A U-M invention is a key part of a ceramic components manufacturing business newly established by the Pascua Yaqui Tribe of Arizona. A process for creating fibrous monolithic ceramics, patented by a U-M engineering team, provides the raw material for ceramic components used in jet engines, CAT scanners, oil-drilling rigs and other technologies.
Fibrous monolithic ceramics have the desirable feature of cracking without breaking all the way through the way more brittle ceramics do, explained John W. Halloran, professor of materials science and engineering. This prevents catastrophic failures of parts made from the ceramics. Halloran heads a laboratory that was awarded U.S. patent 5,645,781 in 1997 for a method of manufacturing fibrous monolithic ceramics more easily than previous methods. The other inventors are former U-M graduate students Dragan Popovic, Gregory E. Hilmas, G. Allen Brady and Gregory Zywicki, with undergraduate students Scott Somers and Andrew Barda.
Fibrous ceramics are created from combinations of polymers and ceramic powders. The U-M-patented process uses coextrusion to create the fibrous ceramics, extruding at the same time a core fiber and a coating of a different ceramic composition. The extruded fibers are then formed into blocks or sheets with woven, felted or other textures depending on the characteristics desired. This resulting ceramic green material is then further processed through molding, intense pressure or machining to create the components used in various technologies.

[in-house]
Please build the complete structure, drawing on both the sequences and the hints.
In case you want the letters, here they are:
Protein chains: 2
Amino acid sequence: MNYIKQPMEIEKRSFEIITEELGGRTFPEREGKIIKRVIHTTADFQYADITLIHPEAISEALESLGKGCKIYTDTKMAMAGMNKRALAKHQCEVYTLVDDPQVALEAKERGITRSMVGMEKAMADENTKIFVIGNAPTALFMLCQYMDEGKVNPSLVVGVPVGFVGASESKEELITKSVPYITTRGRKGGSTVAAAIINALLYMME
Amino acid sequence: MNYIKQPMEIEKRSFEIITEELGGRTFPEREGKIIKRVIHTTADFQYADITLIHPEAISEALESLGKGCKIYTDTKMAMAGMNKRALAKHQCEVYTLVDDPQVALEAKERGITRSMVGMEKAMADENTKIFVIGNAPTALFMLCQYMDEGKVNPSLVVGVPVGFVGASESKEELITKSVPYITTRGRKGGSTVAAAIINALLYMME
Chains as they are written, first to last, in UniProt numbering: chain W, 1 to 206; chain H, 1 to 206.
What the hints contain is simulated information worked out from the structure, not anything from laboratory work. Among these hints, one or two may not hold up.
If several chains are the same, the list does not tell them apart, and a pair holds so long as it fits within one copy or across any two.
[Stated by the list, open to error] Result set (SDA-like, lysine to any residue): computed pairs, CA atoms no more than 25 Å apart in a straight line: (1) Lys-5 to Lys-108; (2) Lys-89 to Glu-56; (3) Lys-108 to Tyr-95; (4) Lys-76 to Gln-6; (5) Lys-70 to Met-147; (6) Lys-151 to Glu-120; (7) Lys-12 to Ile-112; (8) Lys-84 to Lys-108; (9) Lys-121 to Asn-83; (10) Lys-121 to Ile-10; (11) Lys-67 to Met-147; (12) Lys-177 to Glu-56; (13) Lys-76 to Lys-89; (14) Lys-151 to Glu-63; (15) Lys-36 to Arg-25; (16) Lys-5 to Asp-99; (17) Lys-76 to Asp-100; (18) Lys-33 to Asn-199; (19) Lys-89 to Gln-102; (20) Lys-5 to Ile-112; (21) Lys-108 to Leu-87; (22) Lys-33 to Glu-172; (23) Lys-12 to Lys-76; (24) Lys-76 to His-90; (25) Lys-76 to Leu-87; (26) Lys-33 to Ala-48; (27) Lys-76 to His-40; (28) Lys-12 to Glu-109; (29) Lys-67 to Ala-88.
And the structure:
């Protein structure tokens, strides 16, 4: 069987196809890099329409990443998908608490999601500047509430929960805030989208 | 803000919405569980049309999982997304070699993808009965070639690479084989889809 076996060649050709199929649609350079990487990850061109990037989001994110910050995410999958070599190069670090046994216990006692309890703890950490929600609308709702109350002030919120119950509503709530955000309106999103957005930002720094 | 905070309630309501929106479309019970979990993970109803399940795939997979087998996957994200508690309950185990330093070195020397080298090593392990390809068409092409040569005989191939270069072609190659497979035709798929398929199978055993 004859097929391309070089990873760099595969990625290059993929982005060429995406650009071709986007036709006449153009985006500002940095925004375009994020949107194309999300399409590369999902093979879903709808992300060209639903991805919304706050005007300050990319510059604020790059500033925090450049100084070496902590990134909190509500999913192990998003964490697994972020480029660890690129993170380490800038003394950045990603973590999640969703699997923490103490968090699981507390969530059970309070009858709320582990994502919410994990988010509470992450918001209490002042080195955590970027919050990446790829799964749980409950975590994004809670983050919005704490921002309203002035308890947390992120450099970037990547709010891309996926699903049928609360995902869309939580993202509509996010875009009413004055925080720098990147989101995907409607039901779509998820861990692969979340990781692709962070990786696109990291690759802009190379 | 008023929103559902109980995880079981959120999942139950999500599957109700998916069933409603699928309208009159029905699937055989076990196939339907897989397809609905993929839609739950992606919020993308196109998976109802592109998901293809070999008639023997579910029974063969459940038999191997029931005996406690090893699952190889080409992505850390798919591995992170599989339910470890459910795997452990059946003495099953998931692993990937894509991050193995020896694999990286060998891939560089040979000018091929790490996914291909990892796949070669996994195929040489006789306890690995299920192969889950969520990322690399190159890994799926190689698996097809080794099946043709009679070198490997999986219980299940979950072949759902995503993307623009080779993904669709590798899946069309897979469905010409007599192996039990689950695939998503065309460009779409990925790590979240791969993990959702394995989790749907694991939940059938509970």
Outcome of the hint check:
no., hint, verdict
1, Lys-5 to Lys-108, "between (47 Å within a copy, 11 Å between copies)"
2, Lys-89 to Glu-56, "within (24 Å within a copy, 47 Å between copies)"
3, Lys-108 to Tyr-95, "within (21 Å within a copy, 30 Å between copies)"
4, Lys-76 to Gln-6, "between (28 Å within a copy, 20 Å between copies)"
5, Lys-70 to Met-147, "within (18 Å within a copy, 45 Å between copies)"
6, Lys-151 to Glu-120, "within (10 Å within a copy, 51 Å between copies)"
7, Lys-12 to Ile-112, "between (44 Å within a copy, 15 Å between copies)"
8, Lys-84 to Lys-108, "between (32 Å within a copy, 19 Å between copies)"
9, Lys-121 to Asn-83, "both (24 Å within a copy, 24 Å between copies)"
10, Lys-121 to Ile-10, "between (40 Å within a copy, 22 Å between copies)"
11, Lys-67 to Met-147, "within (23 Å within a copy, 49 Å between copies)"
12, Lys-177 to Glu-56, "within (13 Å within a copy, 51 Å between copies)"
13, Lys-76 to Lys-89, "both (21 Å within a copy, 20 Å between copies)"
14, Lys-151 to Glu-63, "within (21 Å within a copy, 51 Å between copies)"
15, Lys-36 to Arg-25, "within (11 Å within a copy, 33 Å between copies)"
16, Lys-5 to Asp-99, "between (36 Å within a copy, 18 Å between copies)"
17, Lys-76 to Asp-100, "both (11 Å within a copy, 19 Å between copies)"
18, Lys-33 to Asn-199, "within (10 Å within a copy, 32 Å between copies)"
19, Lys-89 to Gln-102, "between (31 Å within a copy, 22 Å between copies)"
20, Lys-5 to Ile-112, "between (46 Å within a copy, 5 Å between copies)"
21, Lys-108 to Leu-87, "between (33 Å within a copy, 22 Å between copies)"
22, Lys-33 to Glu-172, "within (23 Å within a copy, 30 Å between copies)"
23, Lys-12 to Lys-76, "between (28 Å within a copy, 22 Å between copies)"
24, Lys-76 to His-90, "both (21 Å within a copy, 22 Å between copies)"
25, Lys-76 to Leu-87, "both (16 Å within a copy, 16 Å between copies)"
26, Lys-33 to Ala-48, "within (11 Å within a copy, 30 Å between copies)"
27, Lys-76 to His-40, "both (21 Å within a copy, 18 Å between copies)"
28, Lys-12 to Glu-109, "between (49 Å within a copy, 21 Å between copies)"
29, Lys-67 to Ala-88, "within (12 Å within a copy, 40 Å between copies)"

The Pascua Yaqui Tribe will manufacture ceramic components as part of a joint venture with Advanced Ceramics Research, Inc. (ACR, Inc.) of Tucson, the licensee of the U-M patent for creating the fibrous ceramics. The joint venture, called Advanced Ceramics Manufacturing L.L.C., is majority owned by the Pascua Yaqui Tribe and managed by ACR Inc.
For now, Advanced Ceramics Manufacturing L.L.C. is housed in the ACR Inc. research and production facility in Tucson, but will move to a 15,000-square-foot facility being built on the Pascua Yaqui Reservation southwest of Tucson. That state-of-the-art plant will be equipped with technology that uses intense heat and pressure to form parts from the ceramics as well as laser machining equipment. The $3.5 million facility is expected to employ 300 people within five years.
This is the first example of a technology-based facility on Native American tribal lands funded by tribal gaming revenues. This visionary step will ensure the tribe a prosperous economic future by entering into a high-technology sector, says Benito Valencia, chairman of the Pascua Yaqui Tribe.
The venture will provide volume production of high-value added composite ceramic components used in defense, energy, medical and space-related applications, according to Anthony Mulligan, CEO of ACR Inc.
Currently, Advanced Ceramics Manufacturing L.L.C. is developing components for the GE F110 engine used in the Navy F-14 Tomcat, missile components for Raytheon missiles, X-ray targets for Varian Corp. CAT-scanners, and wear components for oil-drilling and mining equipment.